Seeing as my post yesterday was serious and ranty, I’m going to try my best to talk about something happy today, and there's nothing much better than a random story about a seagull that’s probably dead now.
There were many seagulls in St. Andrews when I went to university there, and I got to know some of them pretty well, including one that had half a stump instead of one of its legs and there were hairs coming out of the stump. Here’s a picture:
I don’t know how much seagulls are aware of their surroundings and my good relationships with most of them were probably completely one-sided, but I didn’t waste too much time crying myself to sleep over it. The important thing is, I seem to have a way with birds that other people don’t; there was one particularly vicious one in Helsinki that made about twenty or thirty separate attempts to steal my friend’s ice cream before he (my friend, not the seagull) was forced to curl up in a ball to defend himself. Interestingly enough, a couple of other friends went to Helsinki and got their ice cream stolen in exactly the same place- THE GULLS ARE ORGANISED!
Of course, this picture is totally unrealistic. That seagull would have written in Finnish instead of English.
ANYWAY, birds like me. Partly because I don’t run at them and frighten them away, and partly because I often sit down in random places, like beaches or Whole Foods, scatter a bunch of birdseed around me and just see what happens. Usually it ends in AMAZING.
So when I was staying over at a friend’s house in his bed, (he wasn’t in the bed with me; I just want to make that clear from the start) I was hardly surprised when, at 4 in the morning (after going to sleep at 2), I woke up to hear a loud tapping sound, and to see a huge seagull perched outside on the windowsill. How lovely!
In fact, at first it wasn’t at all lovely; I almost jumped out of my skin when I saw it.
But after greeting the bird and wishing it well, I settled down to get another four hours of sleep. Unfortunately, the gull had different ideas, and began to peck on the window.
It continued to peck on the window for FOUR SOLID HOURS.
I began to get cross after the first hour, and, for the first time in my life, almost wished harm on a bird.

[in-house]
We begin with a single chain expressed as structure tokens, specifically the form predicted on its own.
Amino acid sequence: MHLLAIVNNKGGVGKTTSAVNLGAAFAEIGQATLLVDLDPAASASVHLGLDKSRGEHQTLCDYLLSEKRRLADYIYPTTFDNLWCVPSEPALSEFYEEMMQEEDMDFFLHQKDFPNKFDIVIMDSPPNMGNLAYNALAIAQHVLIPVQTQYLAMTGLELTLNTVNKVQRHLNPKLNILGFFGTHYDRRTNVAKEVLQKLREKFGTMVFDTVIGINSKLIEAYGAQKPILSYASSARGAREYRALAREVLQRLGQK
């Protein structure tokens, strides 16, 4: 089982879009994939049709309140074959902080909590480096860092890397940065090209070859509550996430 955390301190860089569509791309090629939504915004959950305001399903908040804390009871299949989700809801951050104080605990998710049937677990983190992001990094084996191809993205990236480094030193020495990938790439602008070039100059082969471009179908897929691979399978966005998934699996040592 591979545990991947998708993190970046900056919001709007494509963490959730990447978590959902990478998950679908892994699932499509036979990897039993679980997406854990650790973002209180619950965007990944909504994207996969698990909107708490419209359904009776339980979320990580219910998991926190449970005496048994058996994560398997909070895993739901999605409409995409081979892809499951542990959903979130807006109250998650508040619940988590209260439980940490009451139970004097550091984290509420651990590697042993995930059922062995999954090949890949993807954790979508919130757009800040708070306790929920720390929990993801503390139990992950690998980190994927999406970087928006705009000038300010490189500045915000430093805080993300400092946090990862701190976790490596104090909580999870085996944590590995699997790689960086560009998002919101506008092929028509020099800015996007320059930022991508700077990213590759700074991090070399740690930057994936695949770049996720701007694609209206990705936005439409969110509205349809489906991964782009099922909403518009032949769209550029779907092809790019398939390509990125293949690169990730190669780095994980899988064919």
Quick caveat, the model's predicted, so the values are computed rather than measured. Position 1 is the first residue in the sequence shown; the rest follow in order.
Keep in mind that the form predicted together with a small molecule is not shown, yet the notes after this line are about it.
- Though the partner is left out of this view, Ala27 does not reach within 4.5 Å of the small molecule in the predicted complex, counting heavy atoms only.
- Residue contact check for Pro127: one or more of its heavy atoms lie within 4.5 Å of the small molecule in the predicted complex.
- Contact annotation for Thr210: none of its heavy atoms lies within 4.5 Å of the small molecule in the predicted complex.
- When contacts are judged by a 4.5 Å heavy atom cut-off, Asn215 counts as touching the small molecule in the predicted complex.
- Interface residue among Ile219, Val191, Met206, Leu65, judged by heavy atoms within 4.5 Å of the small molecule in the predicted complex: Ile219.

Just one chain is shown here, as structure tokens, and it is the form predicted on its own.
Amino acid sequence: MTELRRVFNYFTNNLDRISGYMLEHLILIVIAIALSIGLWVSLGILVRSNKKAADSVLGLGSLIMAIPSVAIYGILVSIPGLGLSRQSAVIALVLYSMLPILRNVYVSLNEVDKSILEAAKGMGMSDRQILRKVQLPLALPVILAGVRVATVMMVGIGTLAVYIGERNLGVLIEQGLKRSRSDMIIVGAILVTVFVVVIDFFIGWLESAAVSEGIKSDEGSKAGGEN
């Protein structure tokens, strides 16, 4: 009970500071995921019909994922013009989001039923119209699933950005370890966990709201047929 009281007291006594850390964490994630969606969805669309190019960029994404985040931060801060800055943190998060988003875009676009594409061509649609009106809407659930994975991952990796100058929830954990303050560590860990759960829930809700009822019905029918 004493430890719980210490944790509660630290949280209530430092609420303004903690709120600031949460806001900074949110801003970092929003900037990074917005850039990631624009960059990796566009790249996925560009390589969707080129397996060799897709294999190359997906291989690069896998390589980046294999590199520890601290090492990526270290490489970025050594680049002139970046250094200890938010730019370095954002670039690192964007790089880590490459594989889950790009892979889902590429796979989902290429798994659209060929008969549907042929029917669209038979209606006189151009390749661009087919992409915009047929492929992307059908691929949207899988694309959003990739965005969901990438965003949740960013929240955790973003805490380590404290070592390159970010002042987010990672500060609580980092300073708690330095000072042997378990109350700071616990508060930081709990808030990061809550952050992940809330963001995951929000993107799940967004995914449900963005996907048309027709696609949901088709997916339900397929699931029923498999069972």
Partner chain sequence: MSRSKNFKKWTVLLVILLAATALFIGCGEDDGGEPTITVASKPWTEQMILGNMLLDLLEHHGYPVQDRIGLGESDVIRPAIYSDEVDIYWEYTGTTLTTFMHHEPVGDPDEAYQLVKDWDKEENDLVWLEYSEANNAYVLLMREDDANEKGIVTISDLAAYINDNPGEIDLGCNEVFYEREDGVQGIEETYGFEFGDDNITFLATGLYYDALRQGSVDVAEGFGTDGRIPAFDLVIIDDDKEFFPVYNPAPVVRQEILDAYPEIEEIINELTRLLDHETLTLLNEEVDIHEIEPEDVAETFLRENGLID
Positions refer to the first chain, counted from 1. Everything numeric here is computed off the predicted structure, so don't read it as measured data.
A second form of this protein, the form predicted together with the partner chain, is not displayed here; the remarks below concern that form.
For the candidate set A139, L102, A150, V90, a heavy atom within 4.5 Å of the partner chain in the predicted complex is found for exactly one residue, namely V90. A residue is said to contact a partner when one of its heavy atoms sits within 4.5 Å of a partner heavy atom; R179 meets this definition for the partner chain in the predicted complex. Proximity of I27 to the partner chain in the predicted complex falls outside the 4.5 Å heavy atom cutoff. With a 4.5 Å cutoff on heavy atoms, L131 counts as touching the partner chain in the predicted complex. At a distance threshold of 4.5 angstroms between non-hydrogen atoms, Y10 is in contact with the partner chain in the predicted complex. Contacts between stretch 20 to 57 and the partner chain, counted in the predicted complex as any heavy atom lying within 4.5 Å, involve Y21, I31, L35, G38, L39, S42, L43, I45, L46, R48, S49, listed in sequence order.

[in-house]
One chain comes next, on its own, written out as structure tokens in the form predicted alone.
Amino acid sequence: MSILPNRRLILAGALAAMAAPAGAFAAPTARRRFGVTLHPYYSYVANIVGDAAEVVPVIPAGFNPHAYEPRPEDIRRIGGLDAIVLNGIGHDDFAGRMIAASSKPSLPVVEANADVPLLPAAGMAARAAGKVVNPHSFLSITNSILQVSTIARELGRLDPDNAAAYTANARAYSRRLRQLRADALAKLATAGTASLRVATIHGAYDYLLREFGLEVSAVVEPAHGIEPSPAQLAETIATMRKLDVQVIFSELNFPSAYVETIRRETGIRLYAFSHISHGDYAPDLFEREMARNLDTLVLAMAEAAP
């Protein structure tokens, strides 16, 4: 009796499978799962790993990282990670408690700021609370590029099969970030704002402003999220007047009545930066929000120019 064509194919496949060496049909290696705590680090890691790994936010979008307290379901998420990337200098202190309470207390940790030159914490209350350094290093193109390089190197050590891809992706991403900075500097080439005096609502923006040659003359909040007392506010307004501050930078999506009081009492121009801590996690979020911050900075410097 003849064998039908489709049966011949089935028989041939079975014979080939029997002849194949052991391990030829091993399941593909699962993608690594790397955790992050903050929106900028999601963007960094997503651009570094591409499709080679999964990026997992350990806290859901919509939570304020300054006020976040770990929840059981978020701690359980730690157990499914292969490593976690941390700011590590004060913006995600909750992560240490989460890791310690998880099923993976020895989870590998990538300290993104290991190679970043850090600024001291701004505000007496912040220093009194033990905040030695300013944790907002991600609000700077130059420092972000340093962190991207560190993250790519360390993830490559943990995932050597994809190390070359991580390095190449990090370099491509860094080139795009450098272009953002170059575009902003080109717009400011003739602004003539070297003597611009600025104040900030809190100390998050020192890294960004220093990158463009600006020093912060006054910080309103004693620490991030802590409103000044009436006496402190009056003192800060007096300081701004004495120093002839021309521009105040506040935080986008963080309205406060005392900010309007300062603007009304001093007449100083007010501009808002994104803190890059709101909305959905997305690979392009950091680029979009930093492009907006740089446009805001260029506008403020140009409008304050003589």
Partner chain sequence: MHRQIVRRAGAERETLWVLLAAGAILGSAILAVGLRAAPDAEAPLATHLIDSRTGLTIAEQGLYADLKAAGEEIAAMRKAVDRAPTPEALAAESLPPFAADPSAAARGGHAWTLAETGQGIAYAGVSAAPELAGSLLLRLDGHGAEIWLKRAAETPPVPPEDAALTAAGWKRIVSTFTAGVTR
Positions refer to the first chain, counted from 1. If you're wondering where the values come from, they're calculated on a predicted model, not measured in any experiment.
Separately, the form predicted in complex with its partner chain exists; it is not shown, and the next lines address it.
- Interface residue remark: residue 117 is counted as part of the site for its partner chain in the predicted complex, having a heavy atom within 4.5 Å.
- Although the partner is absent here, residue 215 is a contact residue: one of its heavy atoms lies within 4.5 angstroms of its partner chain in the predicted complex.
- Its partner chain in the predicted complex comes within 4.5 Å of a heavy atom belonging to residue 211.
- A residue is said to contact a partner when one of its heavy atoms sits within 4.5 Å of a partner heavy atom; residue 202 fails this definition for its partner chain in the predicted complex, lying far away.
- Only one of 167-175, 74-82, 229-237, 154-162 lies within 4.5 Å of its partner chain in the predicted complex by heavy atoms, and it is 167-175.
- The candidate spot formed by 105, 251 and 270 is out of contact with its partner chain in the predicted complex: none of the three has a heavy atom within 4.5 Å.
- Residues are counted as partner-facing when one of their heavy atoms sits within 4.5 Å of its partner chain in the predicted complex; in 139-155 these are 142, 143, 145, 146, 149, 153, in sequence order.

In the time that followed I was subjected to the torture of beak against glass and went into a weird delirious state where nothing was quite real anymore. Sometimes it would stop for ten seconds or so, and the silence and hopefulness in the air was as delicious as a Cadbury’s Dairy Milk.
Then it would start tapping again, crushing my dreams with a simple peck of its beak.
I felt, at one point, like there were multiple seagulls pecking their way into my brain and at a later point I felt like I was the seagull and I was on the other side of the window. At an even later point, I was watching the gull as it was pecking the window and it actually pecked THROUGH the window, breaking the glass, and flew right up to me in bed, dive-bombing me with its beak…
And then I realised that I’d somehow dropped off to sleep and the gull itself was still pecking on the window.
It didn’t stop until after I’d got up and dressed at 8am, and I was so deliriously tired that day that I spent the whole of it walking around in a daze literally banging off the walls.
“There was a seagull keeping me up most of the night.” I said to my friend later, not expecting he’d believe me. “From 4am to 8am he was pecking and pecking on the window.”
“Oh that’s just Boris.” My friend replied. “He comes by every morning.”
There was no further explanation. It may, however, have explained why, months later, my friend went on a massive killing spree and ended up in a mental institution. Unfortunately, that part of the story isn’t true.